Written by the TreasureGuide for the exclusive use of treasurebeachesreport.blogspot.com.
Tis the season to be jolly. Anytime you can be jolly is the season to be jolly, but for beach hunters, the winter months are generally better than the summer months, unless there is a summer storm that shakes things up. From my personal experience, October to April is the best time to find cobs on the beach, with Nov. to February usually being the best of those. It is the opposite of the salvage season around here, which relies on the smoother summer surf. More likely than not we'll have some good opportunities to find cobs on the beach in the next couple of months.
Dan B. was hunting in South Carolina. Here is what he had to say about that.
I spent a solid week of research before heading to SC this year. I was surprised at how difficult things can be if they are not in one's own back yard. Going to unfamiliar territory is strangely challenging. Surprised that anything could stand in my way, I found that everything did. Satellite photos of streams were bulging rivers. The ground and roots in some places combined with many inches of leaf litter reminded me of how nice it is to dig in sugar sand. Trees were down everywhere and shotgun shells seem to be more of an issue than pop tops. Overall, I had a nice time in the woods and learned to appreciate my neck of the woods more. I was able to pull a nice variety of different buttons.
It is nice to be able to hunt various types of locations and do different types of detecting. It is difficult though - especially if you are accustomed to one type of location and one type of hunting.
Most of us beach hunters know the beaches that we hunt. We figured out what type of detector we need and are prepared for the sand and surf. In other locations our equipment might not be so well suited to the environment.
Sifting sand through a scoop is one thing, but digging in rocks or clay is another. You might choose both a different detector and a different type of recovery tool. It can be difficult to see a coin covered with clay, or dig through rocks and pebbles without destroying the coin, or find a target in a pile of leaves. Those are all things I have to do when I detect my favorite site in West Virginia.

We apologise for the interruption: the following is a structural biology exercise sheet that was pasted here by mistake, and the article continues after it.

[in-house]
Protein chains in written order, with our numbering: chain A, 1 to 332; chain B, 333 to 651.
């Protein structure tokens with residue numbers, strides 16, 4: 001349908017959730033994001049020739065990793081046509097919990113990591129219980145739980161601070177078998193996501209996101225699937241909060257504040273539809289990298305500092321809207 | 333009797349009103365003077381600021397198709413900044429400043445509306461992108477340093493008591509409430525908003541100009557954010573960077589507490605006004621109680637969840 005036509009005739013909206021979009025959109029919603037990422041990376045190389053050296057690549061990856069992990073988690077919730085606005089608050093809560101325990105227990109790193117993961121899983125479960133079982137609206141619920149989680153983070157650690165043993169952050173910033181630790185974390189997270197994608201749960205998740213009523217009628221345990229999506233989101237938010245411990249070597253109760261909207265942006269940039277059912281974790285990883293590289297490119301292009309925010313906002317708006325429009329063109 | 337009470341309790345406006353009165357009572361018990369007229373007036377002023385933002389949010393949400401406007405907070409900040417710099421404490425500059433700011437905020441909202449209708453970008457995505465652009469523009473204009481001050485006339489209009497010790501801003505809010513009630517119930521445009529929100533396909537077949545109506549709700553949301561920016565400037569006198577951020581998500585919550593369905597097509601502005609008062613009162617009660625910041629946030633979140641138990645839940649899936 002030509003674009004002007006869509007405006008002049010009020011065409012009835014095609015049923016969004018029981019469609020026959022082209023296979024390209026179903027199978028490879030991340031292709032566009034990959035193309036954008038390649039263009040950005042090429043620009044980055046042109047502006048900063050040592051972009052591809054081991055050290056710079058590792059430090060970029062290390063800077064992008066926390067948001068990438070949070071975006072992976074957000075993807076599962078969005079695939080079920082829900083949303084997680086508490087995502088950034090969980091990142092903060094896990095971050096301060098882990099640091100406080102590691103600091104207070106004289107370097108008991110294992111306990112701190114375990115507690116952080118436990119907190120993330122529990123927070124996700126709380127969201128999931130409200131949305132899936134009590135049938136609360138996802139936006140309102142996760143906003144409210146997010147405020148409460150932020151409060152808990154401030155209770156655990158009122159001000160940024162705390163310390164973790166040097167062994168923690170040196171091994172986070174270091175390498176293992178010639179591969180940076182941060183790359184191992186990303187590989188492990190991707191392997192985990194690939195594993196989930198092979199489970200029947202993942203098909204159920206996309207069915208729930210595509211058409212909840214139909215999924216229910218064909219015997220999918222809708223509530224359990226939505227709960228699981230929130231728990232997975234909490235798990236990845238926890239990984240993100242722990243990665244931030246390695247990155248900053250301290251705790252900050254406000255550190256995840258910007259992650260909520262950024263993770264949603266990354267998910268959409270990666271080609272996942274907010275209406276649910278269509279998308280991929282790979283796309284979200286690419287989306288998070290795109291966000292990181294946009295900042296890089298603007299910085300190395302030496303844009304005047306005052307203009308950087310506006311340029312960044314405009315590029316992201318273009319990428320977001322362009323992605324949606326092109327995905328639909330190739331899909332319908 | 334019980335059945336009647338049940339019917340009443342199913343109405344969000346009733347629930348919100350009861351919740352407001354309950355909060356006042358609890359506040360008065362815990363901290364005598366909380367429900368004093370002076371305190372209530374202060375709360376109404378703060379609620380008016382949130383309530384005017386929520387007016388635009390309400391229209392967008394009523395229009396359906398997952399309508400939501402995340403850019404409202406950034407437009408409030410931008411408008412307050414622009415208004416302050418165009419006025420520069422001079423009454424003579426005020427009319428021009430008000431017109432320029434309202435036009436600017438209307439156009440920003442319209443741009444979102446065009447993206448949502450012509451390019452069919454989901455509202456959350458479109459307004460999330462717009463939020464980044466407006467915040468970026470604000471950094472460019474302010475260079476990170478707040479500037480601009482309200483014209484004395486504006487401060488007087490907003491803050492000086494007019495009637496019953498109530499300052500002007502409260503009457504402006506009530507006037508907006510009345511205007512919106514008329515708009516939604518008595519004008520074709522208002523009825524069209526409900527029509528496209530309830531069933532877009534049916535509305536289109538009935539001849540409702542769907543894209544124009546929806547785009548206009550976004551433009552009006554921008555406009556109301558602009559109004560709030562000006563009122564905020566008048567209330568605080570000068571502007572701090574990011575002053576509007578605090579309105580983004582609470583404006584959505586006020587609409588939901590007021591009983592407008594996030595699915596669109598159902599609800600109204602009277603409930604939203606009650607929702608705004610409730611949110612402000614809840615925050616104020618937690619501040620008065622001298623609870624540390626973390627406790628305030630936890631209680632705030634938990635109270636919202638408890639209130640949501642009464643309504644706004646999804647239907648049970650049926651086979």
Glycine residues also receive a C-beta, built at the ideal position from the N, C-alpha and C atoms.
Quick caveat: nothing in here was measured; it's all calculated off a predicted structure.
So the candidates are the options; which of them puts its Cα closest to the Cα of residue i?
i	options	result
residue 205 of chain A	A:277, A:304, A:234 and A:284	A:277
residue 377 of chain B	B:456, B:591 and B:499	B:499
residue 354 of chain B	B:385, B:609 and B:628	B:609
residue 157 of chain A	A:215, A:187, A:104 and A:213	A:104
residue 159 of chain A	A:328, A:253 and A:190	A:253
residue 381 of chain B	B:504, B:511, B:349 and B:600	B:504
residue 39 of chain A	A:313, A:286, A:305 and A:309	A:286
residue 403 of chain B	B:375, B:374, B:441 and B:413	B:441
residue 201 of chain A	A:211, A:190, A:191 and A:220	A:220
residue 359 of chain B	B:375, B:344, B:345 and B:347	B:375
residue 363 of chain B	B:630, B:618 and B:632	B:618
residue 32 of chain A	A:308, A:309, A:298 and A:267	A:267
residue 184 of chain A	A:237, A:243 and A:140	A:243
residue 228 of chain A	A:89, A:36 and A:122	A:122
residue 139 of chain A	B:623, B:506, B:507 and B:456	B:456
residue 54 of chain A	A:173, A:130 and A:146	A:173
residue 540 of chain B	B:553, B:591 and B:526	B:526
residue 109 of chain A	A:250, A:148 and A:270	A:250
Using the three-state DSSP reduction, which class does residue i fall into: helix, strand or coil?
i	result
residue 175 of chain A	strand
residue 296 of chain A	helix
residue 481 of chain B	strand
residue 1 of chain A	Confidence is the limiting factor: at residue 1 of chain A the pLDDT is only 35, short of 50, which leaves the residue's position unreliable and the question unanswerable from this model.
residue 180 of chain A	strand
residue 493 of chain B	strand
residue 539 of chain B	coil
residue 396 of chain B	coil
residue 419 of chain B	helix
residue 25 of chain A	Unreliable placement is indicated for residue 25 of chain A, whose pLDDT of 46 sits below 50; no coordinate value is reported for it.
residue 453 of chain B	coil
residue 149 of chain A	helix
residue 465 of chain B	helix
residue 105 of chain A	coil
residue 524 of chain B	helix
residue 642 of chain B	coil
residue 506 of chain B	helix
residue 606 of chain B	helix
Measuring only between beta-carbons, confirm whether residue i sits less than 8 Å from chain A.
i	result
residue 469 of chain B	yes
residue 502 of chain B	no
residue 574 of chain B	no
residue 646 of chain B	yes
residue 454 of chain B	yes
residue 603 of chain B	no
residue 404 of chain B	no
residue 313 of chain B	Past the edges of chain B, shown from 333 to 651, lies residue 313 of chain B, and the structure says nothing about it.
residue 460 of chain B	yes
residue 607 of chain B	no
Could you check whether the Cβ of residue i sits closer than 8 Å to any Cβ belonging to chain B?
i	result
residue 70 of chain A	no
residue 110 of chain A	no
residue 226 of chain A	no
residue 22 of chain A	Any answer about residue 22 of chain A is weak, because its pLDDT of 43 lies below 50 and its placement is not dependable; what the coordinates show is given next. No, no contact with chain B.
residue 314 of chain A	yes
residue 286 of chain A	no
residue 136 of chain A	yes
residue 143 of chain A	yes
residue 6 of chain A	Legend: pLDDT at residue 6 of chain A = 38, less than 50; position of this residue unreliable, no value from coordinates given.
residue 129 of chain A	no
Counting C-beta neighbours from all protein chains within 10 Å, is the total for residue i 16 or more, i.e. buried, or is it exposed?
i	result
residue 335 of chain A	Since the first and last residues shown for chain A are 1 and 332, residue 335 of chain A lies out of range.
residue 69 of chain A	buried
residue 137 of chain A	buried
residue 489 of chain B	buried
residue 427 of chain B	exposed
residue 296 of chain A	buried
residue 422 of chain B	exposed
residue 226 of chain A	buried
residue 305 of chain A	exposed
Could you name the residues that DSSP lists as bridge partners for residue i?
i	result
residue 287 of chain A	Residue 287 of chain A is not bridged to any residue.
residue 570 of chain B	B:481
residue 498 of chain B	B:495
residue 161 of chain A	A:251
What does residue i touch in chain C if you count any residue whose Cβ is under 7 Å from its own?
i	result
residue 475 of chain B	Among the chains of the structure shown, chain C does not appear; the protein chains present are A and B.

A different search strategy might be required too. You don't have the surf to sift and sort things when you are not on the beach. You might have some sifting and sorting though, as I described in a recent post. You have water runoff, and you have erosion in some spots, so there are some similarities.
|Buttons Found by Dan B. During A Land Hunt In S. C.|
Large flatty with no front design and broken shank. Looking closely you can see "plated" on the second. The last two don't appear as old.
Los Angeles, CA)—Artifacts from the epic movie "The Ten Commandments" are starting to surface from underneath the Guadalupe-Nipomo Dunes in California...
A giant sphinx was found in the dunes earlier this year and it's currently on display at the nonprofit Dunes Center in Guadalupe. More remains are expected to be found from a "lost city" that boasted a huge temple, four more sphinxes, massive statues, a 750-foot-long wall, and amenities.
Hamilton said roughly 2,500 people lived in the camp for several months during the film's production...
Here is the link for the rest of that story.
That is all for today.